A north London borough will soon charge residents with diesel vehicles for parking permits in a bid to improve local air quality.
Islington Council argues diesel vehicles can emit 20 times more particulate matter than petrol vehicles, which have been linked to cancer, heart disease, lung damage and other health problems.
The council has approved a yearly £96 surcharge for resident parking permits on diesel vehicles, which will begin in April.
Vehicles used by carers and trades people, alongside taxis, will be among those exempt from the bill.
Islington was the capital’s first borough to enforce 20mph restrictions on its roads and has raised pressure on London mayor Boris Johnson to do more to slow speeds and tackle pollution.
Mr Johnson is currently consulting on plans to raise particulate restrictions in the centre of the city through an Ultra Low Emissions Zone by 2020, while accelerated introduction of low emission buses saw 300 operating in the capital at the end of last year.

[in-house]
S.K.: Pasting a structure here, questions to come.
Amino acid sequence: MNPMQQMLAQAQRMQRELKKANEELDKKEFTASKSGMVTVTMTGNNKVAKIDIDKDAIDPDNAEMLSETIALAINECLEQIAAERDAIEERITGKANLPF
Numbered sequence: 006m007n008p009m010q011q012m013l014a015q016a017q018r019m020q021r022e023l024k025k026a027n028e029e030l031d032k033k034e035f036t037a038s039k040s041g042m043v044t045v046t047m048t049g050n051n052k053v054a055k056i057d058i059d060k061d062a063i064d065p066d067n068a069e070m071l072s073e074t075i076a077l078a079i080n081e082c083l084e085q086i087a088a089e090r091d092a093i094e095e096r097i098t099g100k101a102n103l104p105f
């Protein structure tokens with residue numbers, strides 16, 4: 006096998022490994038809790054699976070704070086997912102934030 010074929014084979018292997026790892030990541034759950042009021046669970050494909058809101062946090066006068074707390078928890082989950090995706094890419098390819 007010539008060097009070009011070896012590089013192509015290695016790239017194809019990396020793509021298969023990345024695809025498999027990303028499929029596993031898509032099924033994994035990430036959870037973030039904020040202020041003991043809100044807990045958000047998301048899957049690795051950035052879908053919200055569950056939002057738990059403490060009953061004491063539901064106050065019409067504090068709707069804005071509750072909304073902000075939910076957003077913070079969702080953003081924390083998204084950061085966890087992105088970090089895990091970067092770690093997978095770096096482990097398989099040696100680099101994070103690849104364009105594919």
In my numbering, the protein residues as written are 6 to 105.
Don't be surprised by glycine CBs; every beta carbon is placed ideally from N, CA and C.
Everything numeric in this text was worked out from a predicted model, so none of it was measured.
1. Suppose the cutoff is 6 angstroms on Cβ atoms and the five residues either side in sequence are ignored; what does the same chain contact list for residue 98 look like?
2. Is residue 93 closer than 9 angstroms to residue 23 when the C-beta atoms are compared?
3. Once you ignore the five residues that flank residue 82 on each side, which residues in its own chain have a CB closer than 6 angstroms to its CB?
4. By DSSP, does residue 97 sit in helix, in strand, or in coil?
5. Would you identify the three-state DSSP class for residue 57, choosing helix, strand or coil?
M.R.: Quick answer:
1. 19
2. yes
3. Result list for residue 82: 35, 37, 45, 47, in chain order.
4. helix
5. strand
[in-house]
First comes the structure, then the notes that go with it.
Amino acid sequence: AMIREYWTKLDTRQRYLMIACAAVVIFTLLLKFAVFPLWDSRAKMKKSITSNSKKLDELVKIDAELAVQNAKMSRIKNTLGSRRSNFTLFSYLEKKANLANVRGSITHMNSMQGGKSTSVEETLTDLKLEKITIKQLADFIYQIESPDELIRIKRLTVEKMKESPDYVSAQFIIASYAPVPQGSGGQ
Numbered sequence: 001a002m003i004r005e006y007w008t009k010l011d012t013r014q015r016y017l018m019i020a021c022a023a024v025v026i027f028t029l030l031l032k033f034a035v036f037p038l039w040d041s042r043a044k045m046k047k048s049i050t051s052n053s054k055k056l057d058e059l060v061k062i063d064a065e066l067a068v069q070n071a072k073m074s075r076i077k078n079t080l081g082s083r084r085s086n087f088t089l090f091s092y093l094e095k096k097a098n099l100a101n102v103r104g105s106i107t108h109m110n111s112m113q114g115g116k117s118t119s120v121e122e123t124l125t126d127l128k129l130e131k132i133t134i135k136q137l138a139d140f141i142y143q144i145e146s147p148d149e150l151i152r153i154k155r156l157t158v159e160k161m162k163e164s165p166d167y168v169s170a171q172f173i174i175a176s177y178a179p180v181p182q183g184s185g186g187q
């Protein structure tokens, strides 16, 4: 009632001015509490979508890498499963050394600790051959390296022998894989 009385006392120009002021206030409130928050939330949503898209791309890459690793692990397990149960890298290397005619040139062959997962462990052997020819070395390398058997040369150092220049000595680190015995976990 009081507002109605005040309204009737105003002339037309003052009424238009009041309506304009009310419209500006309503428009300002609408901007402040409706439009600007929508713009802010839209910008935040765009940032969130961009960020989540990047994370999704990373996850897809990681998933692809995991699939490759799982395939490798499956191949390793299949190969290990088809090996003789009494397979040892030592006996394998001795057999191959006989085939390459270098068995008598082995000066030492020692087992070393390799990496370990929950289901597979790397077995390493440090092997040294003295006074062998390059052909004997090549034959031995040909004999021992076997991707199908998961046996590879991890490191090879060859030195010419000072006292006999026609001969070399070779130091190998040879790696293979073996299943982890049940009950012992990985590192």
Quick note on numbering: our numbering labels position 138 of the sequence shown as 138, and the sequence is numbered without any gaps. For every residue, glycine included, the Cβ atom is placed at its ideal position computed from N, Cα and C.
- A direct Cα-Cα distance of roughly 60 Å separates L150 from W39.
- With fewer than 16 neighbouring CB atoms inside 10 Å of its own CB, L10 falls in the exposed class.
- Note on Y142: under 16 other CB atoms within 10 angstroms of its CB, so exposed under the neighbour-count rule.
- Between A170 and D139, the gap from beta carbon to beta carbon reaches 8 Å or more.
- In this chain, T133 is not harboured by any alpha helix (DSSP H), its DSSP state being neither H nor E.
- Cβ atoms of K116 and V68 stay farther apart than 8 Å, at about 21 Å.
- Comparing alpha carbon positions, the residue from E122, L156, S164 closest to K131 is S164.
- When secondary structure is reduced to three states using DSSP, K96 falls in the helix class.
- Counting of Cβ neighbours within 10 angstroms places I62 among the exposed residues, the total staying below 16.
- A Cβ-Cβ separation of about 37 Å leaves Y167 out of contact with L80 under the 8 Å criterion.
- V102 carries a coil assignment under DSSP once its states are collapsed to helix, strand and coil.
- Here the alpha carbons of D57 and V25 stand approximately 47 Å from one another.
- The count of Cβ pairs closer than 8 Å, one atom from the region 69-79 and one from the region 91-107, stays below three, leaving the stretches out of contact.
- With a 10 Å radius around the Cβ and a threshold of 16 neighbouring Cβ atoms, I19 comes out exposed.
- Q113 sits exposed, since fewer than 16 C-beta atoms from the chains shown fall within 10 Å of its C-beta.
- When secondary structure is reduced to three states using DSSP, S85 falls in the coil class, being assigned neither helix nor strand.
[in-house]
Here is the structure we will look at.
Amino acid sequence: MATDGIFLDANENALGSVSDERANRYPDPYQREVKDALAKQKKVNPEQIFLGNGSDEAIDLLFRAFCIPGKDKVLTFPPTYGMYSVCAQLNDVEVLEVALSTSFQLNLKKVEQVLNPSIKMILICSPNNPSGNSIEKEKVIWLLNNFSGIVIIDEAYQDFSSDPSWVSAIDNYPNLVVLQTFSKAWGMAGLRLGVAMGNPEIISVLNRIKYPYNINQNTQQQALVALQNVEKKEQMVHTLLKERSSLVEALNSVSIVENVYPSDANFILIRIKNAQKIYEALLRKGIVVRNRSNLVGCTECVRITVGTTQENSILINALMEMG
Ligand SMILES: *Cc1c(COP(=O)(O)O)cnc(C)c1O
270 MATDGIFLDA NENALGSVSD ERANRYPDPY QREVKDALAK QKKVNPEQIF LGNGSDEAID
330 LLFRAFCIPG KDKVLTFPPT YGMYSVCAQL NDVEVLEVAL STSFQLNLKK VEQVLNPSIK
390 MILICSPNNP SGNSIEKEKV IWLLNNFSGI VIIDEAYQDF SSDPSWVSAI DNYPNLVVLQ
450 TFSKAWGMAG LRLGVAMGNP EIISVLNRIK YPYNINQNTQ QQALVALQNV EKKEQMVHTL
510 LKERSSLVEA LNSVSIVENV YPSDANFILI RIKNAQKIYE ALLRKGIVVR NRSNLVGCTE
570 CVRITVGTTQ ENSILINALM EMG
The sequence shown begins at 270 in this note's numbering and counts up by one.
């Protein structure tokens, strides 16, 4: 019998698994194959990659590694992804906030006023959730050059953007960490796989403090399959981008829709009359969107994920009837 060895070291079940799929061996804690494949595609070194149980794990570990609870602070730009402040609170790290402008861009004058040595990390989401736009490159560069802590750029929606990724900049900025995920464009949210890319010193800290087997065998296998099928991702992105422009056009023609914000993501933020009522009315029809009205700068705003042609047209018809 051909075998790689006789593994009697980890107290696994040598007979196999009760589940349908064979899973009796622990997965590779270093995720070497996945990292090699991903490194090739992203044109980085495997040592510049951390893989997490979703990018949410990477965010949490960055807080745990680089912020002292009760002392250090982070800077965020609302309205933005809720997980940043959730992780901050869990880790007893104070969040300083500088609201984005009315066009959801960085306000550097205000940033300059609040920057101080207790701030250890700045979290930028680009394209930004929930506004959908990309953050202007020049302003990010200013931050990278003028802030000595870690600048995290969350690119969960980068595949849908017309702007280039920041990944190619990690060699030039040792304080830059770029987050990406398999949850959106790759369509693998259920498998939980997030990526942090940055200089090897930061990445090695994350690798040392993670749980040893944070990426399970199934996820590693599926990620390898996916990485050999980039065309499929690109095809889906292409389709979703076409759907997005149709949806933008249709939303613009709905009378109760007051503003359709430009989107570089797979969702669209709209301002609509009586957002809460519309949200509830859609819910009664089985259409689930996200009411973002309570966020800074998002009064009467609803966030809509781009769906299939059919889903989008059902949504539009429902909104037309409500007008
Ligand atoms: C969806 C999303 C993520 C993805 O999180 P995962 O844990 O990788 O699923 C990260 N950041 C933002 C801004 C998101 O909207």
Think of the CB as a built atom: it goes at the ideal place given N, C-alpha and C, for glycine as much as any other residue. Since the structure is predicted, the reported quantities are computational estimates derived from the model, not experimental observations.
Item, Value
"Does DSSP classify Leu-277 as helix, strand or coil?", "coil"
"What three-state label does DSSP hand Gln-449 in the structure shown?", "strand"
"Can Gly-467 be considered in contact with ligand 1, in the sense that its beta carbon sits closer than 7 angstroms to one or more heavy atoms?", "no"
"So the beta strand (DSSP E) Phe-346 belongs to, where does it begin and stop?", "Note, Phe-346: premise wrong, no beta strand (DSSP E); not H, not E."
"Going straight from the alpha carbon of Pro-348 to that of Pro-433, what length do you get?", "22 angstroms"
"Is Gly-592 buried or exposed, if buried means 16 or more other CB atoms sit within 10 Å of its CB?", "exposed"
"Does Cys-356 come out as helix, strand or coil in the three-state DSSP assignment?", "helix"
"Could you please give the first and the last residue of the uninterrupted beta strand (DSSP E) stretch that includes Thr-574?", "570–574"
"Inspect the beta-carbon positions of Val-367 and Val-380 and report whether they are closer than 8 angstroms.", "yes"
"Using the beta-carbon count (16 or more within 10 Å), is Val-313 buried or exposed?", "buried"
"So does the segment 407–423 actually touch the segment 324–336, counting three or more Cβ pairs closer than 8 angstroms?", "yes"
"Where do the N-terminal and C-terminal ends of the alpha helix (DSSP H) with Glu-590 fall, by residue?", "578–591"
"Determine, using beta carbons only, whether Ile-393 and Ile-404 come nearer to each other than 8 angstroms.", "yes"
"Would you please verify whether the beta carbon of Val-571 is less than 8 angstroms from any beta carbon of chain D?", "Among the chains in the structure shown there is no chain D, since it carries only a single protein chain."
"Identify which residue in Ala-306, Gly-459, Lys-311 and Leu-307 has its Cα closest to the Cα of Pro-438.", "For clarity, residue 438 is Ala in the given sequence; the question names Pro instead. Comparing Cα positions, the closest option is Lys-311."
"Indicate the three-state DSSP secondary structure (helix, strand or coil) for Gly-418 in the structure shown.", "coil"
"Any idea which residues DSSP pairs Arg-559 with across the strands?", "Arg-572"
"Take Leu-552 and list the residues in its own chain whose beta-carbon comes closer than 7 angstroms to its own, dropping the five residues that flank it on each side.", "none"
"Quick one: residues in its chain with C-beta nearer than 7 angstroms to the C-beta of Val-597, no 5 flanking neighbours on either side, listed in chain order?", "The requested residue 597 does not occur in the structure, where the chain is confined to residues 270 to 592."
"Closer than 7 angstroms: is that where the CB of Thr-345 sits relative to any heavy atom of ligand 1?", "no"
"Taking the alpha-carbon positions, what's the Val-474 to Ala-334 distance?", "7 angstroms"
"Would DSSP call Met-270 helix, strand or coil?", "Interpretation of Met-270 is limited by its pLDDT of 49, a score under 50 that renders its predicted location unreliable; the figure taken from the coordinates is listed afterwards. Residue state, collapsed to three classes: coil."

Islington Council's executive member for environment and transport, Cllr Claudia Webbe, said: ‘We're committed to improving air quality in Islington, and diesel fumes are a major cause of air pollution.
‘Pollutants in diesel exhausts have been linked to heart and lung diseases, which are major causes of serious and long-term health issues and even death in Islington, and the surcharge will encourage a move away from diesel.
‘We also need the mayor of London to do his share, especially replacing high-polluting buses and tackling polluting lorries that travel through our streets.’